The power of compound interest
Recently, I covered a really basic but powerful concept – dollar cost averaging. Here’s another powerful money and investment concept everyone should know – compound interest.
What is compound interest?
Albert Einstein once said that compound interest was the most powerful force of all time. He was a pretty smart guy!
Compound interest is really a math concept that shows the power of making interest on not just your principal but also interest. If you have $1000 and you make 5% interest, after the first year, you will have $1050. If you let the interest compound, the second year you will not make $50 of interest again but rather $52.50 of interest because you are making 5% off the $1050. In other words, you made and extra $2.50 of interest on the $50 of interest from the previous year. After the second year you will have $1102.50. In the third year, you will have $1157.63
Three ways to calculate compound interest
- Spreadsheet. The first is to use a really simple excel spreadsheet. Here’s one that I put together. You can just plunk in your numbers and out spits the compounding effect of a single lump sum. Simple compound interest spreadsheet (3565 downloads)
- Financial Calculators. There are many different financial calculators on the web including calculators for compound interest. The one I have bookmarked is one that I have used to teach my kids about compound interest. If you are investing a series of regular investments instead of one single deposit, I use a calculator from Mackenzie Financial
- The rule of 72. The rule of 72 is an easy way to estimate the effect of compounding. Basically the rule of 72 works like this. Take and interest rate like 5% and divide this number into 72. 72 divided by 5 equals 14.4. The answer is the number of years it take for money to double. In other words, $1000 at 5% will double to $2000 in 14.4 years. At 6%, it will only take 12 years for money to double in value. A 1% increase in interest rate cuts the time frame by 2.4 years.
Keys to making compound interest work for you
1. Time – Compounding is every investors best friend because it basically suggests that the sooner you start, the sooner you can get your money working in your favour. Check out this amazing story on why it is so important to start investing early.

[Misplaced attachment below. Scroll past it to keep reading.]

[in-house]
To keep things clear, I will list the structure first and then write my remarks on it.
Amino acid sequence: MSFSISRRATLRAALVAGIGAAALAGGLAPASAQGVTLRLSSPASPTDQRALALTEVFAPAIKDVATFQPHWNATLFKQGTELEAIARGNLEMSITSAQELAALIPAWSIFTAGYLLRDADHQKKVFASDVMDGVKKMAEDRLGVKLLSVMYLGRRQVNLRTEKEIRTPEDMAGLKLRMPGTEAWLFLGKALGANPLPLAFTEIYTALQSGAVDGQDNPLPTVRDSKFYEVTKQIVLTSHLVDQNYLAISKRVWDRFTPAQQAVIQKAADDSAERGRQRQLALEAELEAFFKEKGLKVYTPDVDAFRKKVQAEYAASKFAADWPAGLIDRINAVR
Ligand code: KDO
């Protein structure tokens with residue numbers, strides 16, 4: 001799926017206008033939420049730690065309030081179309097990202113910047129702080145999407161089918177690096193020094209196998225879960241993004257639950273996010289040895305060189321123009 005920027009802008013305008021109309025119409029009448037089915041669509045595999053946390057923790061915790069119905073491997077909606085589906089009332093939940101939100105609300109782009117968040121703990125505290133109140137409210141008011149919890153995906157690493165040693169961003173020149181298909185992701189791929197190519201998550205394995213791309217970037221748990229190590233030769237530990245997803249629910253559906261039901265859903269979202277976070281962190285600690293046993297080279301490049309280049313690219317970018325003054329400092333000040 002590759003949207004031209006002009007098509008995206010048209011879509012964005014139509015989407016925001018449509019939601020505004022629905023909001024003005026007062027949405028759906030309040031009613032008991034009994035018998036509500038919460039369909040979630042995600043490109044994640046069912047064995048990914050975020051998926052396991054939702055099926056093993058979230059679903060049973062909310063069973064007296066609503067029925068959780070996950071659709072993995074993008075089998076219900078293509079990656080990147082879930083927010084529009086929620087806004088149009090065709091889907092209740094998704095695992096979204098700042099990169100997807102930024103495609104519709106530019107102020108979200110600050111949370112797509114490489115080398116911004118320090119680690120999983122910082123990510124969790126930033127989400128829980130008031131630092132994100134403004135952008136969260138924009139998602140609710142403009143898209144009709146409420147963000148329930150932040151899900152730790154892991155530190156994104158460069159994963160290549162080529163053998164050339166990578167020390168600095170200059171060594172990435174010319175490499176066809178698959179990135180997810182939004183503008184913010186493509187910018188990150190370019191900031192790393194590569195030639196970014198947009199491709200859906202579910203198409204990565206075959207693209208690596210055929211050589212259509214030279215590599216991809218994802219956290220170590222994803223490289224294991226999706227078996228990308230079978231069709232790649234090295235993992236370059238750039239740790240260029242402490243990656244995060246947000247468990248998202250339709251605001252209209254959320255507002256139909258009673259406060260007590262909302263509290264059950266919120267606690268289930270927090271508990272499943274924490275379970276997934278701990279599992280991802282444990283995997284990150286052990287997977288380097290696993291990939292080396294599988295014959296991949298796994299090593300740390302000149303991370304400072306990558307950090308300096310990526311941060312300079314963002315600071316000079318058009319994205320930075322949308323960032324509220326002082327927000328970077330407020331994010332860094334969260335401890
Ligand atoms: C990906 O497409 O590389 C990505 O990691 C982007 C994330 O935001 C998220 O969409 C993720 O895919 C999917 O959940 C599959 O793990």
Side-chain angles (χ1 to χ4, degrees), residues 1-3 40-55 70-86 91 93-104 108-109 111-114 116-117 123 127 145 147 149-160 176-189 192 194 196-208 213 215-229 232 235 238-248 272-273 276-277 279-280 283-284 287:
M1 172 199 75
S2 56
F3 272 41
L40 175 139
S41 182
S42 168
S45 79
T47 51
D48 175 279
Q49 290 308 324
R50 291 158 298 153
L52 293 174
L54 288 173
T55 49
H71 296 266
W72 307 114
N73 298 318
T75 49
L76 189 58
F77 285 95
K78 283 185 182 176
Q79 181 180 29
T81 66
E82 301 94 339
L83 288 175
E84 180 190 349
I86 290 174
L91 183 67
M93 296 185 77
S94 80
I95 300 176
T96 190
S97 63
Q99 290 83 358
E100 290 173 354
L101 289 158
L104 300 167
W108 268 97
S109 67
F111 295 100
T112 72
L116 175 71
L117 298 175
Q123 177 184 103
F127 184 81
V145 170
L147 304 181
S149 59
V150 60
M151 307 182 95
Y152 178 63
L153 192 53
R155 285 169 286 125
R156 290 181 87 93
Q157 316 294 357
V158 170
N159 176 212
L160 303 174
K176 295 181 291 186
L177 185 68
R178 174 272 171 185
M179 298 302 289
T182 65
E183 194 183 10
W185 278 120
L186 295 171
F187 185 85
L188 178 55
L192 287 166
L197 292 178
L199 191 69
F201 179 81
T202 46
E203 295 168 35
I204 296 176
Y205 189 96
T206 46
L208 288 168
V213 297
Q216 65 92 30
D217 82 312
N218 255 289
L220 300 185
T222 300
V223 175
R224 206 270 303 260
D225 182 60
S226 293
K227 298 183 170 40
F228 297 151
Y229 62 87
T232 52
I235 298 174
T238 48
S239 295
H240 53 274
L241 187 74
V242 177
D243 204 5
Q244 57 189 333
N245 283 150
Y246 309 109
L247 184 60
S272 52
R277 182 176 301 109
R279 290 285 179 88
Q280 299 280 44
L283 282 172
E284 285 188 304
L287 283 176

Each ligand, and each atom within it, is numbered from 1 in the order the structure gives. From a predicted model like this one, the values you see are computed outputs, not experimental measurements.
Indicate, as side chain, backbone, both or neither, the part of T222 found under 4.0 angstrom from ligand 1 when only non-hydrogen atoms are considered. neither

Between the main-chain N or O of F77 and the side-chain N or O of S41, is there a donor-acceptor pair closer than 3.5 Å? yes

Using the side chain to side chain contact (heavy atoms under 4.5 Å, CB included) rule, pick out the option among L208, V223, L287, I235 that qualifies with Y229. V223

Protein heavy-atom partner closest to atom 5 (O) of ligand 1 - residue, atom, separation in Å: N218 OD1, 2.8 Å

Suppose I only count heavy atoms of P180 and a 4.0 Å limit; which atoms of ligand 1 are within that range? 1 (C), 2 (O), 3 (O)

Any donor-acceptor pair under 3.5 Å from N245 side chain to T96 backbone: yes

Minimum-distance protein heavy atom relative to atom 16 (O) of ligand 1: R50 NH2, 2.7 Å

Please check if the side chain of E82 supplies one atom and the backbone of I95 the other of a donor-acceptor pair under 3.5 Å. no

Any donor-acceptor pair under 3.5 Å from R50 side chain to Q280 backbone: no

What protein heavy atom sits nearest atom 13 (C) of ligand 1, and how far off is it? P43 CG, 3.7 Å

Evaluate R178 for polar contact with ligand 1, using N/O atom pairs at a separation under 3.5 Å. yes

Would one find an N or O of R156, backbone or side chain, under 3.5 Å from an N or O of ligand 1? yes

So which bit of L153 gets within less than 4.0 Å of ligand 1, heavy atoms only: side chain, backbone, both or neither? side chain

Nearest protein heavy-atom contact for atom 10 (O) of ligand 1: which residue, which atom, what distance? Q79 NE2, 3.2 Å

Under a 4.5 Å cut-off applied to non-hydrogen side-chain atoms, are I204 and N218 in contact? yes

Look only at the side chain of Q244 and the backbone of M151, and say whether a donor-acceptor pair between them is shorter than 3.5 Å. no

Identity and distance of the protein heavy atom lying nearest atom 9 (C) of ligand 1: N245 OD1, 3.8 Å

2. Frequency – In the example at he beginning of this article, I compounded the returns annually. In other words, you earn interest on interest yearly. If I calculate the growth of $1000 at 5% compounded annually, I will get $4321.94 at the end of 30 years. The more frequent I compound, the more money I will have. If I calculate the growth of $1000 at 5% compounded monthly, I get $4467.47 at the end of 30 years. The more frequent compounding happens the faster money make money on money. Here’s the growth of $1000 at 5% after 30 years at different frequencies:
- compounded annually – $4321.94
- compounded semi-annually – $4399.79
- compounded quarterly – $4440.21
- compounded monthly – $4467.47
- compounded daily – $4481.23
- compounded continuously – $4481.69
If you want to learn more about the math of compounding frequency, investopedia has a great article:
3. Interest rate – Obviously, the higher the interest rate the faster money grows. In the example above, if I use 10% instead of 5%, the results are shocking. Here’s the growth of $1000 at 10% after 30 years at different frequencies:
- compounded annually – $17,449.40
- compounded semi-annually – $18,679.18
- compounded quarterly – $19,358.15
- compounded monthly – $19,837.40
- compounded daily – $20,077.29
- compounded continuously – $20,085.54
Doubling the interest rate more than quadruples the result. That’s powerful.
4. Regular investing – The last key to making compounding work for you is to save regularly. If you can put away money every month and be consistent about it, money grows that much faster. In all the examples above, I show the compounding effect of a single deposit or investment. If you invest $1000 every year for 30 years, you will have $69,741 after 30 years (at 5% compounded annually). That’s why group retirement savings plans are such a great way to save and take advantage of compounding.
Compound interest is very powerful when you understand it. It’s an old concept but such an important one to know.